The spindle stock (headstock) is generally a slide which is guided on a track or bed and also carries the oscillating drive. The slide can generally be displaced for the aforementioned clamping stroke or setting stroke. The mechanism for the setting stroke does not operate directly upon the spindle shaft, therefore, but rather acts upon the slide. During the setting stroke, the oscillating drive is entrained as well.

The slide can generally also be raisable and lowerable for receiving the workpiece.

When the fabrication tolerances are extremely narrow and great precision in finishing the workpiece is desired, the conventional grinding machine of the aforedescribed type is frequently unsatisfactory because its precision is insufficient.

Part of the problem is the fact that there are two distinct tolerances which have to be taken into consideration, namely, the guide tolerances of the oscillatingly movable spindle shaft during the oscillating operation and the guide tolerances of the spindle stock sliding in its guide. Because these tolerances are statically additive, this system is largely unsatisfactory.


It is the principal object of the present invention to provide an improved fine grinding machine for the purposes described which, however, will obviate the disadvantages set forth.

Another object of this invention is to provide a fine grinding machine with improved accuracy and precision.

Yet another object of my invention is to extend the principles of my above-mentioned copending application.


These objects are attained, in accordance with the invention, by providing the setting mechanism for the chucking stroke so that it acts upon a common member which is displaced by the oscillating and the setting stroke and then will act directly upon this spindle as does the oscillating drive, the spindle stock or head being axially fixed on the machine frame.

According to the invention, the oscillating drive can comprise a lever, one lever arm of which is acted upon by an oscillating eccentric, the lever being fulcrumed at an end opposite that at which the eccentric acts and which is provided at this end with a setting mechanism which is able to shift the fulcrum relative to the point of attack of this lever on the spring being intermediate to these ends.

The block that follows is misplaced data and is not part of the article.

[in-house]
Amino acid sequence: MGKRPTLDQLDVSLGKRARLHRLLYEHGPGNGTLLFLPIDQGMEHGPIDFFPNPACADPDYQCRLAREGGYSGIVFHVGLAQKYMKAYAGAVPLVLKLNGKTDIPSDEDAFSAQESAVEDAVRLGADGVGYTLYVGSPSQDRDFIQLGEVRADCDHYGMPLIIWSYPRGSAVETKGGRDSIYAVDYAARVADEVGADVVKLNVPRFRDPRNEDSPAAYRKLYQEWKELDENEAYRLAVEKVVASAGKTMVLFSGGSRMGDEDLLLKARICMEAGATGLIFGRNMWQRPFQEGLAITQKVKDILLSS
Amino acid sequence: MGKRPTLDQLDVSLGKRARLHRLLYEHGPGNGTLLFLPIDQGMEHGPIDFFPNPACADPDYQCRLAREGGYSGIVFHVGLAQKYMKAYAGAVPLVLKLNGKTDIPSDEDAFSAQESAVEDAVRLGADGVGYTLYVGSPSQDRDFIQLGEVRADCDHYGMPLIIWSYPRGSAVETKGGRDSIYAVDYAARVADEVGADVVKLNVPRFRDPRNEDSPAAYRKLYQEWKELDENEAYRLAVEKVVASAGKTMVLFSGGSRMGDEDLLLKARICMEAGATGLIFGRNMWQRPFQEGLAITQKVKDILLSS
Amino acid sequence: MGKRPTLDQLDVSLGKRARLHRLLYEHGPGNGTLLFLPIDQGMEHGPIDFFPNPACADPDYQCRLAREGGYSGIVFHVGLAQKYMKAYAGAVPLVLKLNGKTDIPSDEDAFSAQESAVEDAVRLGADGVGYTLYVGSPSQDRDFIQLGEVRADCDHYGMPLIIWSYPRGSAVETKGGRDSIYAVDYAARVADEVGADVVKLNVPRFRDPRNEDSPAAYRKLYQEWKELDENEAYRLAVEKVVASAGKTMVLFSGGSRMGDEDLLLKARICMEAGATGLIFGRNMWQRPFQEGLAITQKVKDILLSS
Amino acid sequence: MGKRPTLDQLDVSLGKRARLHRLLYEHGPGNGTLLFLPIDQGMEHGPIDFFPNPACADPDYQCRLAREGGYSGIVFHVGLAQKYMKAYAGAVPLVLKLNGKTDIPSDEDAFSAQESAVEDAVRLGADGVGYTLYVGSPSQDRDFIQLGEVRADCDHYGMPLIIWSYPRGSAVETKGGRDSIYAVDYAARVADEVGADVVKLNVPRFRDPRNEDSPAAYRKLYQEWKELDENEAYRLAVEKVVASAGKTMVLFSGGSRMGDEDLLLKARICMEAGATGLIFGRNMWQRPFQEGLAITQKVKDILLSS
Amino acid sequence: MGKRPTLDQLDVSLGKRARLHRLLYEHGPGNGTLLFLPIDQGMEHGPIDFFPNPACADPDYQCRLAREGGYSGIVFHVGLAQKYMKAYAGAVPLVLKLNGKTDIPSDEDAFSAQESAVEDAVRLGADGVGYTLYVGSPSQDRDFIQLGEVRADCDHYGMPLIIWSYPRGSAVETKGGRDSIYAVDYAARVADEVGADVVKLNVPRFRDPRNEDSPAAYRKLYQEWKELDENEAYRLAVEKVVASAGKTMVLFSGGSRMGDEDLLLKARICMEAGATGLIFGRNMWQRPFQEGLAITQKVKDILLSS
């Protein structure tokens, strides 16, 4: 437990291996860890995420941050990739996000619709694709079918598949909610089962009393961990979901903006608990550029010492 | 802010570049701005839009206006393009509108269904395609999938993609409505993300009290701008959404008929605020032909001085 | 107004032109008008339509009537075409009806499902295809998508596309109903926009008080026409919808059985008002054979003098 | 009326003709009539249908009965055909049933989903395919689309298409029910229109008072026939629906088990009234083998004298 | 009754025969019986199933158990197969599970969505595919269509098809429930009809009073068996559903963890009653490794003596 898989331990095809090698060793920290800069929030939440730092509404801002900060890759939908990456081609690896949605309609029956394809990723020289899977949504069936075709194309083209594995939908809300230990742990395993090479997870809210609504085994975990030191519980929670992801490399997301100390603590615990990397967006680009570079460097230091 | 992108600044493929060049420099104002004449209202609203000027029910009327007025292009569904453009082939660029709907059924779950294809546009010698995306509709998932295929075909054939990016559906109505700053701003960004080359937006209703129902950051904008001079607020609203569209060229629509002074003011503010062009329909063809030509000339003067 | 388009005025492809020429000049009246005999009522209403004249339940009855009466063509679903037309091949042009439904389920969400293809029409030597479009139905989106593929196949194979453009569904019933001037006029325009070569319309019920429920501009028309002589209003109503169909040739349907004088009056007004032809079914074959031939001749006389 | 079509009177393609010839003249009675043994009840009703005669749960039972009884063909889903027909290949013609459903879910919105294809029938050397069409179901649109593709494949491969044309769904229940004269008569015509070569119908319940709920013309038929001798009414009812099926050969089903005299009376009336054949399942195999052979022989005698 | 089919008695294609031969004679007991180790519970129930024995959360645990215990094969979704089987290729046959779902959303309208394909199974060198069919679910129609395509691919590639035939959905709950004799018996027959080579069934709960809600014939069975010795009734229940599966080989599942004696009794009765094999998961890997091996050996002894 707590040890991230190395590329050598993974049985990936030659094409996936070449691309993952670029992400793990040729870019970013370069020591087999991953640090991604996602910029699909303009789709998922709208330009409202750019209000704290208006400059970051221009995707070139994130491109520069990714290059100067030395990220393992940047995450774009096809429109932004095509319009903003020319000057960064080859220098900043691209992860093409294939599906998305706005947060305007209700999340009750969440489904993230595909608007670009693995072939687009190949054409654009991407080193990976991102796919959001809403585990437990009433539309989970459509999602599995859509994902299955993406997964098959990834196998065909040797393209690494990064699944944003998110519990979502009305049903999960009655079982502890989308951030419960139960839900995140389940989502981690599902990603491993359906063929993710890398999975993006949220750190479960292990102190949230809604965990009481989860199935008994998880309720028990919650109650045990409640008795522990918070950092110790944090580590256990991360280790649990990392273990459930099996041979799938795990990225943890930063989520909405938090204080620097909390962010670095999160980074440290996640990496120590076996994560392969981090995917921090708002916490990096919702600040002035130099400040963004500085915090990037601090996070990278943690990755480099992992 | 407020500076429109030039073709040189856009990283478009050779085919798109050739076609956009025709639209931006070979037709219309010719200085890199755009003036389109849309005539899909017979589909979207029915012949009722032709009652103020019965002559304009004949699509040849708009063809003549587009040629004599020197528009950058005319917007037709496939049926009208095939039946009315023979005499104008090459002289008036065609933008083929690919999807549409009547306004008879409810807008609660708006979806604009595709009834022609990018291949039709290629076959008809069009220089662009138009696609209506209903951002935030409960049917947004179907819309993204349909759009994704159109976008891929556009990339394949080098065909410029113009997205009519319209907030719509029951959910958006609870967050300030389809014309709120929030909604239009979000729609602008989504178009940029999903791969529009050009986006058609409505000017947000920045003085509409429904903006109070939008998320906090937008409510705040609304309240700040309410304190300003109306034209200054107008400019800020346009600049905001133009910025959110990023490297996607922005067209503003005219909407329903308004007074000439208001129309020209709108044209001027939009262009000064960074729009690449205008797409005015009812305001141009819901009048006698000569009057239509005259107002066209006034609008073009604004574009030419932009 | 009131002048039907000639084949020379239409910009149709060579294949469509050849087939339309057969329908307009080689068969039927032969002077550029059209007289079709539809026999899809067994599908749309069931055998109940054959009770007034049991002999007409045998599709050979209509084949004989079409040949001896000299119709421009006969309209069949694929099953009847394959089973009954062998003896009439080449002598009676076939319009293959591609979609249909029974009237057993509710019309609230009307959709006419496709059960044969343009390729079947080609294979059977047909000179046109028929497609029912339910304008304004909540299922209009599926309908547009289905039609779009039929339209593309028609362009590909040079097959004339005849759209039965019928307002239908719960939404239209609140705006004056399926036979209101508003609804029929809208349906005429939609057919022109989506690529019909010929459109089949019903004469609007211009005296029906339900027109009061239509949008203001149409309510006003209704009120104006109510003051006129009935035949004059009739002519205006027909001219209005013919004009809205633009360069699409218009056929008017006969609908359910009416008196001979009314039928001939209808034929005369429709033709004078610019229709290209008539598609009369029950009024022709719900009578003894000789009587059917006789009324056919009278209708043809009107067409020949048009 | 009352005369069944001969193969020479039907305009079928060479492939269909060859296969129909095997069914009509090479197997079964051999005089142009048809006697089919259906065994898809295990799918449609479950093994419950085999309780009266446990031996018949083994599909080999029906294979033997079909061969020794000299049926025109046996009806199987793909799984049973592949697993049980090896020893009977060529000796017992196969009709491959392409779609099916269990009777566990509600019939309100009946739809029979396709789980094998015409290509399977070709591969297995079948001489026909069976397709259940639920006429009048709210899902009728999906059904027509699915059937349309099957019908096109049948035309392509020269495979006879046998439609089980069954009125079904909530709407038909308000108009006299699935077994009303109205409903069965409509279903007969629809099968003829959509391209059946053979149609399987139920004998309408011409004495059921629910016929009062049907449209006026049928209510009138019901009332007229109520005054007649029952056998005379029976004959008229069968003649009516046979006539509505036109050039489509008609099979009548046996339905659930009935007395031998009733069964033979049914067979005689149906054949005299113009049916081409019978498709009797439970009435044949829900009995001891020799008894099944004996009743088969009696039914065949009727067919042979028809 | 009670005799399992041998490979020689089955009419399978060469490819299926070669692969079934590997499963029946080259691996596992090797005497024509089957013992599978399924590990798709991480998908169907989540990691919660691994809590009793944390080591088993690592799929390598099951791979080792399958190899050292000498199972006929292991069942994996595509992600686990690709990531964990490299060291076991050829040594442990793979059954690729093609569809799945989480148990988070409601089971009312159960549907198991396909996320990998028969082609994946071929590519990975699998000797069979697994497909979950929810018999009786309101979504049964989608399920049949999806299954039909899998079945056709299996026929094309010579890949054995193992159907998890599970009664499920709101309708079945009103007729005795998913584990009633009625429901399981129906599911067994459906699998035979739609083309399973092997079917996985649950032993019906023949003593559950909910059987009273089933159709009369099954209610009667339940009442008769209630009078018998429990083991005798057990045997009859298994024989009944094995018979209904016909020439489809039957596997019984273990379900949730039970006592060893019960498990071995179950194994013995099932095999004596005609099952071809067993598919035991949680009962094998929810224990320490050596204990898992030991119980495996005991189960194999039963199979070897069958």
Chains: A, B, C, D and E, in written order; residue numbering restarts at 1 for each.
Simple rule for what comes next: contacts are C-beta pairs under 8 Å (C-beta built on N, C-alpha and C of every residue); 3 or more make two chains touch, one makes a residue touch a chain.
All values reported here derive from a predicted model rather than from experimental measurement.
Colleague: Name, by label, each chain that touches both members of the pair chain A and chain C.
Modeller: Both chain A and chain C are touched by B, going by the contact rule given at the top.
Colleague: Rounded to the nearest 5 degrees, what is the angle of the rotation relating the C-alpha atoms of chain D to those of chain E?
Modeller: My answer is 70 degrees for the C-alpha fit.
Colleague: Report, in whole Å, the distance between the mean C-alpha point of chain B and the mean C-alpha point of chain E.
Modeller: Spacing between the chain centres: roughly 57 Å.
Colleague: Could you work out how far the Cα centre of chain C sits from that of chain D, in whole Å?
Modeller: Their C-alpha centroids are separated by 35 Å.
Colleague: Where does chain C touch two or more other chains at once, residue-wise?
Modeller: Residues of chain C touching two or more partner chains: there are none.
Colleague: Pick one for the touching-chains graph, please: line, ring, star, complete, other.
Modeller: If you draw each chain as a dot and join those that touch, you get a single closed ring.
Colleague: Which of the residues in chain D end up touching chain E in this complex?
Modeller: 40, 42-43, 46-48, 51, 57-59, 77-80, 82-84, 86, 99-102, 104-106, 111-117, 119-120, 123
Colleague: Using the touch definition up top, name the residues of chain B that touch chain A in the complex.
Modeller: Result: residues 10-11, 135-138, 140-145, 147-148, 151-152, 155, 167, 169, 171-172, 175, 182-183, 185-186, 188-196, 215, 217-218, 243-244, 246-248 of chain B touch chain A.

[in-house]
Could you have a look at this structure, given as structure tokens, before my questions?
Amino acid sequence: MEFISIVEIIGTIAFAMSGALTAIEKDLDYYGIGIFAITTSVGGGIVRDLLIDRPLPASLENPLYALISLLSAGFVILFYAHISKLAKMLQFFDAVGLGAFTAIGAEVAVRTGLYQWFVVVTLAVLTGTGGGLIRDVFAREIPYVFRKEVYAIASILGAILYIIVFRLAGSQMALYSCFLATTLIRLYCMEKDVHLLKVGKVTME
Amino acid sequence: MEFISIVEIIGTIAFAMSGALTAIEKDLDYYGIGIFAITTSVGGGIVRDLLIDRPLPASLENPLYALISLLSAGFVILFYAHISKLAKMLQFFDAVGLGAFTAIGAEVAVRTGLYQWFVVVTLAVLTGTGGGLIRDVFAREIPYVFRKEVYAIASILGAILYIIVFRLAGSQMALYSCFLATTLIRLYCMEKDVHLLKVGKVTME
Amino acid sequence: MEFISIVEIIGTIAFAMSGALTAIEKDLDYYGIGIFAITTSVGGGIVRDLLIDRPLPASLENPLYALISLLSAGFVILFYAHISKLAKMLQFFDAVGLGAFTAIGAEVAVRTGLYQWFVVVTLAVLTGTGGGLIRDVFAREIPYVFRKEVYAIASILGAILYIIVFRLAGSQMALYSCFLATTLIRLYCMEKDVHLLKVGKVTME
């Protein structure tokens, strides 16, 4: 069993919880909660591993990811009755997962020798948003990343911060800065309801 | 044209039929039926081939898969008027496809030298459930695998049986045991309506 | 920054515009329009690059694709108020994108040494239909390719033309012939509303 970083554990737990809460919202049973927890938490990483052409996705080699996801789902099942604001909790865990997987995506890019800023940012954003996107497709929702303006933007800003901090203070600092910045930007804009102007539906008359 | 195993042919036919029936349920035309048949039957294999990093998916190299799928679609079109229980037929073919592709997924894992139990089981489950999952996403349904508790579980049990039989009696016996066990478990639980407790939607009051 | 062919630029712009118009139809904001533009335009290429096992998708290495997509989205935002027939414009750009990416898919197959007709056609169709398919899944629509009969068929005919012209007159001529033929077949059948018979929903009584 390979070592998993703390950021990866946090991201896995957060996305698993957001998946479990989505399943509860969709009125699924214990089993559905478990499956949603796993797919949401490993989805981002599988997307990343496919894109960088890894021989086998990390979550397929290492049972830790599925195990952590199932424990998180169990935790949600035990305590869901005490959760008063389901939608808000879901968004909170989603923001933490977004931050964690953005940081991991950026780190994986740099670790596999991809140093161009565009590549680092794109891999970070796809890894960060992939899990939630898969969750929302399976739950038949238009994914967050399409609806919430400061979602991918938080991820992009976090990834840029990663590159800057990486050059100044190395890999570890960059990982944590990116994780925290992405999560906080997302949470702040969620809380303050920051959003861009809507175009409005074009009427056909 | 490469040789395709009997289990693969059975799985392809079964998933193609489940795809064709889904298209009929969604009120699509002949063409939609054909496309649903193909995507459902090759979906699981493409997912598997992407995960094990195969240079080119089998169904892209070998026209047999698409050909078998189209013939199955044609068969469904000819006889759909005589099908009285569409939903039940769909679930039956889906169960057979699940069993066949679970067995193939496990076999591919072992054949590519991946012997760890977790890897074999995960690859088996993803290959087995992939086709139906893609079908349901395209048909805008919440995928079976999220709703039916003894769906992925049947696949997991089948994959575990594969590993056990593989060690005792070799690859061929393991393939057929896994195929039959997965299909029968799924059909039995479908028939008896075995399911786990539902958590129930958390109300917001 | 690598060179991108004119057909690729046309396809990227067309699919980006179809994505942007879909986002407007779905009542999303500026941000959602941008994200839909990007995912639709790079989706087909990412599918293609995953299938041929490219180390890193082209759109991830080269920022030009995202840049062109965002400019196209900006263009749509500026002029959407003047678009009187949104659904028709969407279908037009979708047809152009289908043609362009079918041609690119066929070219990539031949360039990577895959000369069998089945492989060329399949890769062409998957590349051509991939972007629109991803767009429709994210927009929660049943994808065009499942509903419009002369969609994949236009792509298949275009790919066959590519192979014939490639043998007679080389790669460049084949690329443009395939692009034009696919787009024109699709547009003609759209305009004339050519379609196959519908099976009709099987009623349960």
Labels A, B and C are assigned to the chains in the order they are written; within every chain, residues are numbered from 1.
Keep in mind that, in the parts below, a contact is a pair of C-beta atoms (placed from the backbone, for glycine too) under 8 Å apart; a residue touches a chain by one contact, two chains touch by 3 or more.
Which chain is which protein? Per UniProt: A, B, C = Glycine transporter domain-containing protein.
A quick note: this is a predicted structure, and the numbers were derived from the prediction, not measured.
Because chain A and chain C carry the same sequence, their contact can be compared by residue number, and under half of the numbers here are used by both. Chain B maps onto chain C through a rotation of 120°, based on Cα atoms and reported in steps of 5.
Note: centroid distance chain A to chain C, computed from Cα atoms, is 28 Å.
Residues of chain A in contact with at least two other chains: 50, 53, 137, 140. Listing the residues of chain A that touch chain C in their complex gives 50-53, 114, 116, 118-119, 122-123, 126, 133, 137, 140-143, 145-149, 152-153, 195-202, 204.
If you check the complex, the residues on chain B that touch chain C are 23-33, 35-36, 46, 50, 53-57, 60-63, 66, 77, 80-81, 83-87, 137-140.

The means for shifting the fulcrum can also be relatively simple and can include a crankshift which is rotated by a lever mechanism.

The rotational drive for the spindle can include a flexible member, e.g. in the form of a belt coupling a pulley on the spindle with a pulley of a drive motor.

The fine grinding machine of the invention, by comparison with earlier means for a similar purpose, is comparatively simple and, even more important, has been found to be extremely precise in the operational effect, presumably because the setting movement or the oscillation or reciprocating movement are applied via the same manner, i.e. the lever, directly to the shaft so that the stock (headstock) need not be movable.

Since two separate guides and displacement systems are not provided, the adjustment defects are no longer additive.


The above and other objects, features and advantages will become more readily apparent from the following description, reference being made to the accompanying drawing in which:

FIG. 1 is an axial section through the headstock of a fine-grinding machine according to the invention, illustrated in highly diagrammatic form;

FIG. 2 is a section taken generally along line II--II of FIG. 1;

FIG. 3 is a section taken generally along the line III--III of FIG. 1;

FIG. 4 is a diagram showing the mechanism of FIG. 2 from a side;

FIG. 5 is a diagrammatic elevational view, partly broken away, showing additional parts of the machine;

FIG. 6 is a section in the same plane as the section line II--II but illustrating another portion of the actuating lever; and

FIG. 7 is a cross sectional view through the tailstock, showing how it permits reciprocation of the headstock.


The apparatus shown in the drawing is intended for the fine-grinding or finishing of shafts, especially crankshafts, camshafts and similar workpieces as represented at W.

The apparatus comprises the headstock shown at 1 and a rotation drive generally represented at 2 for rotating the workpiece about an axis A, and oscillating drive 3 for reciprocating the workpiece axially in the direction represented by the arrow B and a tool holder represented at T in a highly diagrammatic form.

As can be seen from FIG. 5, the tool holder is positioned between the headstock 1 and the tailstock Y (see FIG. 7), and is formed with grinding tools G which engage the positions W' and W" of the crankshaft W to the ground. The number of grinding tools, therefore, corresponds to the number of the camshaft or the number of crank pins of the crankshaft to be ground.

The headstock 1 is provided with a headstock housing represented at 4 which is axially fixed on the body of the machine which has been represented at 4'.

The tailstock and tool holder can be mounted on body 4' as well in a conventional manner.